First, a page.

One of the goals that I want to accomplish during my time as an AmeriCorps member at Groundwork Lawrence is to work towards instilling a deeper understanding of the urban environment as an active ecosystem, and to develop a long lasting appreciation for the natural environment among the people of Lawrence.
Last month I took a step toward the accomplishment of that goal. Groundwork Lawrence’s Green Team is a group of 10 local high school students that study topics related to the environment, urban gardening, and healthy living, and lead projects, initiatives, and events related to these topics in the city of Lawrence. Fellow MassLIFT-AmeriCorps member, Abby Beissinger—who runs the Green Team—and I partnered up on a project in which we would introduce the Green Team to the knowledge and skills associated with bird watching, and then they would use what they had learned to survey bird diversity in Den Rock Park, the city’s most significant urban wild space.
I was a little bit concerned about how interested and engaged the Green Teamers would be; I mean, let’s not be na?ve, birders don’t exactly have a stellar reputation among high schoolers these days. As I prepared for the lesson/presentation portion of the activity I hoped for the best but was expecting disinterested stares to greet me, much like many of the college students I taught as a graduate student. I wanted to get them excited, to show them that with a little bit of looking and listening you could find some beautiful and amazing organisms right in Lawrence.
Colorful pictures of birds and trees can only go so far in capturing the attention of teenagers, so, in order to pack some “wow-factor” into my presentation I made arrangements to borrow some museum specimens from my alma mater, Gordon College. I contacted one of my former professors and picked up several beautiful preserved bird specimens, many of which I had prepared myself. Looking at museum specimens allows you to see birds in a whole new light, the details in feathers, scales on the legs and feet, incredible diversity of bill size and shape, even familiar “trash birds” like pigeons show amazing glossy purples and blues when viewed up close. At the very least, I hoped that the uniqueness of holding a stuffed (dead) bird would be enough to add some excitement.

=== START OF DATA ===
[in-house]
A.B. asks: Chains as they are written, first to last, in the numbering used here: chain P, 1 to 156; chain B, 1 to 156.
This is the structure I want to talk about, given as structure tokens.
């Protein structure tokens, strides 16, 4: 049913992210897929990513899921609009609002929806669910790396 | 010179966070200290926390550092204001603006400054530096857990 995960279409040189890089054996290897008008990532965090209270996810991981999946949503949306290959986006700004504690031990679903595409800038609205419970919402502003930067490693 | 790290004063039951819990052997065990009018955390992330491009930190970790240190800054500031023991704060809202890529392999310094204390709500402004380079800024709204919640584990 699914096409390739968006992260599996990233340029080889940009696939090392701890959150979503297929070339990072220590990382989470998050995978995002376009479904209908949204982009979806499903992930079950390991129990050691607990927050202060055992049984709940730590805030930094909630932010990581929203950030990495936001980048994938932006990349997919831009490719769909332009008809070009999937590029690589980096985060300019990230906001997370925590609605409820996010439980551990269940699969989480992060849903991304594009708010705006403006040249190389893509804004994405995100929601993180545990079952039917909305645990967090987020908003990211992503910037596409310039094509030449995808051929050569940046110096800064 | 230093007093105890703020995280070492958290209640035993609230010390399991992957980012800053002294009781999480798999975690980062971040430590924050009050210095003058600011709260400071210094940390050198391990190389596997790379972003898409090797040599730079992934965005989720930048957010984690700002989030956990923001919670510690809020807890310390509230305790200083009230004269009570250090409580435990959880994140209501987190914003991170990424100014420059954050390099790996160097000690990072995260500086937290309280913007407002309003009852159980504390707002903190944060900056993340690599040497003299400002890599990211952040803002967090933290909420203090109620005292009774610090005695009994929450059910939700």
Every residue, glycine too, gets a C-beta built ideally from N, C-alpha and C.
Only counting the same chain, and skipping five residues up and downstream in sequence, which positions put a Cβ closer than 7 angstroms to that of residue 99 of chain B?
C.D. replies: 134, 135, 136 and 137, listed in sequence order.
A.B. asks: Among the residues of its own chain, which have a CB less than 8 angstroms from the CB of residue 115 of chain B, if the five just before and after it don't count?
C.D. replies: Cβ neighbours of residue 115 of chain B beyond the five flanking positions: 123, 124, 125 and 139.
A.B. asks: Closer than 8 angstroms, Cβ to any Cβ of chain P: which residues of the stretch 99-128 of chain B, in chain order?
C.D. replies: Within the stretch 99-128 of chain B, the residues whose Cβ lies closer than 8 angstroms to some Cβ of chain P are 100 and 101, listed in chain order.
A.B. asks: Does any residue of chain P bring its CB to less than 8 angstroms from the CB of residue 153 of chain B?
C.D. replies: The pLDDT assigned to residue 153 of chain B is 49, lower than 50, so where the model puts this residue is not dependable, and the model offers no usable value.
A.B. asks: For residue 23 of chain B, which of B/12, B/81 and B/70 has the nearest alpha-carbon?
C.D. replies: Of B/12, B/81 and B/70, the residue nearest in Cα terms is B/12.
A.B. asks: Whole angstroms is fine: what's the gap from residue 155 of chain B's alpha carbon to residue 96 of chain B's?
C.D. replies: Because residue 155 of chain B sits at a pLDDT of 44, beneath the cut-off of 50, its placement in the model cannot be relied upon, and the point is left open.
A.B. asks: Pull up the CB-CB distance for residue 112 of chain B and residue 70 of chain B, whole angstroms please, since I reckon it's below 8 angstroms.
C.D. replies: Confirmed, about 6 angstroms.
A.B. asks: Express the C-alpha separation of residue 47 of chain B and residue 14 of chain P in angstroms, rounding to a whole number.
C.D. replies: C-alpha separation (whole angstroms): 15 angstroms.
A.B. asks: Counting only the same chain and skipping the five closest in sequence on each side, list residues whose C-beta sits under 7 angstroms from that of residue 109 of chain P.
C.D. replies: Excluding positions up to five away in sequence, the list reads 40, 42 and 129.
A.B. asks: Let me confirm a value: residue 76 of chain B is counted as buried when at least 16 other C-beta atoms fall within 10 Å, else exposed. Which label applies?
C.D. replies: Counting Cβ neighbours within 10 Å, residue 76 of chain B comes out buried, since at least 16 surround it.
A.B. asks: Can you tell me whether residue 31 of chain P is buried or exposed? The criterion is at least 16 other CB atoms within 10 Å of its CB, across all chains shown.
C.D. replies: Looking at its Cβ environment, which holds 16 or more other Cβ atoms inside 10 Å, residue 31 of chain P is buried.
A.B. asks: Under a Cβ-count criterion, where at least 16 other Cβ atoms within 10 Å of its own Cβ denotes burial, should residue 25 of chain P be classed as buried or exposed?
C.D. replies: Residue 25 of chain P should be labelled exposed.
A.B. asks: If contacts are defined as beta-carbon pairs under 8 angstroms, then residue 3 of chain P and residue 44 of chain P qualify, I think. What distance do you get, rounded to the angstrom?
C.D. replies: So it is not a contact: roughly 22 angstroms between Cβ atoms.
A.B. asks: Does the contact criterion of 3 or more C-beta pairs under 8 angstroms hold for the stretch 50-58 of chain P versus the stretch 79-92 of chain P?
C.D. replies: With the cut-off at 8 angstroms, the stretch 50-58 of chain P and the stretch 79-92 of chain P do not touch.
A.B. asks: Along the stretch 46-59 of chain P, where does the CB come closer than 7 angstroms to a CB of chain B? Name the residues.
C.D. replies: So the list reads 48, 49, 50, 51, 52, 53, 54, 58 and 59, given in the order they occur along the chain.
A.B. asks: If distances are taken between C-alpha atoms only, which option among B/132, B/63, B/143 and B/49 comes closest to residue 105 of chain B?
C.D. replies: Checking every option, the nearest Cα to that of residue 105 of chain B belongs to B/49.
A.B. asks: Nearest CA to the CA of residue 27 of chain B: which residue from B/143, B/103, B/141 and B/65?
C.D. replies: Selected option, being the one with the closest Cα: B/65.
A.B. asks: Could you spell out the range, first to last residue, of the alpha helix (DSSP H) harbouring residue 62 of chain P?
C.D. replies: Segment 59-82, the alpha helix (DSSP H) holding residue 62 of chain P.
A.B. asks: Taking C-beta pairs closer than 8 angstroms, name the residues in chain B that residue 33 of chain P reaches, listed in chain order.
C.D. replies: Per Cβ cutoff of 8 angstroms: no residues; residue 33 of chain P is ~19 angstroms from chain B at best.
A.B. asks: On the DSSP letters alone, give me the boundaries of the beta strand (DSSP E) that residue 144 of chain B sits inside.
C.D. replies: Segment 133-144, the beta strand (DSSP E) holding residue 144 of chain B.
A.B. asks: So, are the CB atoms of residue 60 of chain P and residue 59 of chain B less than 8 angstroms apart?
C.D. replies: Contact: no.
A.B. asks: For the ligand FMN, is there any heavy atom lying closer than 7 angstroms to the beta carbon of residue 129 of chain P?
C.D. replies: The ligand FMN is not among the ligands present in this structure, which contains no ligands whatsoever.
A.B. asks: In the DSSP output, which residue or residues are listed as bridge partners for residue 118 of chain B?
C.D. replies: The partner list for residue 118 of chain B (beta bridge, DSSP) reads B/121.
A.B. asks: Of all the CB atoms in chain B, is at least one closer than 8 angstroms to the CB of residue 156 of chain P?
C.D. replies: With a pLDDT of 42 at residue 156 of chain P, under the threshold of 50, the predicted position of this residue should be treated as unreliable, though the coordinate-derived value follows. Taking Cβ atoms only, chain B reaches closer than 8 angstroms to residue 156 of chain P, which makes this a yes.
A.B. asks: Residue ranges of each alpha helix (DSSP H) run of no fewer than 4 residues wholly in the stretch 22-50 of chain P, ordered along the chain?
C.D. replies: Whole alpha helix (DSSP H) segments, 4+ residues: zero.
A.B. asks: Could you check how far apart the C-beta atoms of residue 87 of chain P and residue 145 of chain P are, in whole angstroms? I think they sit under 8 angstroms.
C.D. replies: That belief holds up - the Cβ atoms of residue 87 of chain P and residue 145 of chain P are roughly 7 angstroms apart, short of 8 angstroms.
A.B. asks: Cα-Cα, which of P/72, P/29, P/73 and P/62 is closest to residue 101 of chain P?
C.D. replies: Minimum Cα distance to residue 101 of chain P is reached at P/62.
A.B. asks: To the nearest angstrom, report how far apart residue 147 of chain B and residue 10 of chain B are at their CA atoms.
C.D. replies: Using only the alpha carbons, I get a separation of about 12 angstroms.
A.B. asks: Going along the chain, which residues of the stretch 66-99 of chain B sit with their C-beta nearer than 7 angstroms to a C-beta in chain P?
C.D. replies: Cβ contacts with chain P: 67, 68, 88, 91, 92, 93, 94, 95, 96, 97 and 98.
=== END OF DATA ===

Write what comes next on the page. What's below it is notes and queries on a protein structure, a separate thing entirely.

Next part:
In the end I was surprised with the level of engagement and involvement I got from the Green Team. With little to no background in the subject, everything was new, constant questions showed a real interest in many of them. The museum specimens topped it off with reactions ranging from a grossed out refusal to touch, to a desire to learn how to stuff a bird. A few days later, our birding trip in Den Rock Park was just as fun. Although we didn’t see huge numbers, incredibly rare species, or great diversity, everything was new and exciting for them, from black-capped chickadees and white-breasted nuthatches in the woods, to mallards and a red-tailed hawk in the marsh.
Since then several Green Team members have been asking about doing more birding events, and may even participate in an upcoming birding competition this winter. More importantly, this experience renewed in me the desire to introduce people, specifically youth, to the wonders of the world around them. Once someone has had the opportunity, and taken the time to stop, look, listen, and learn, a whole new world of wonder, exploration, and stewardship can be opened up, and having the chance to open that door for someone is fantastic.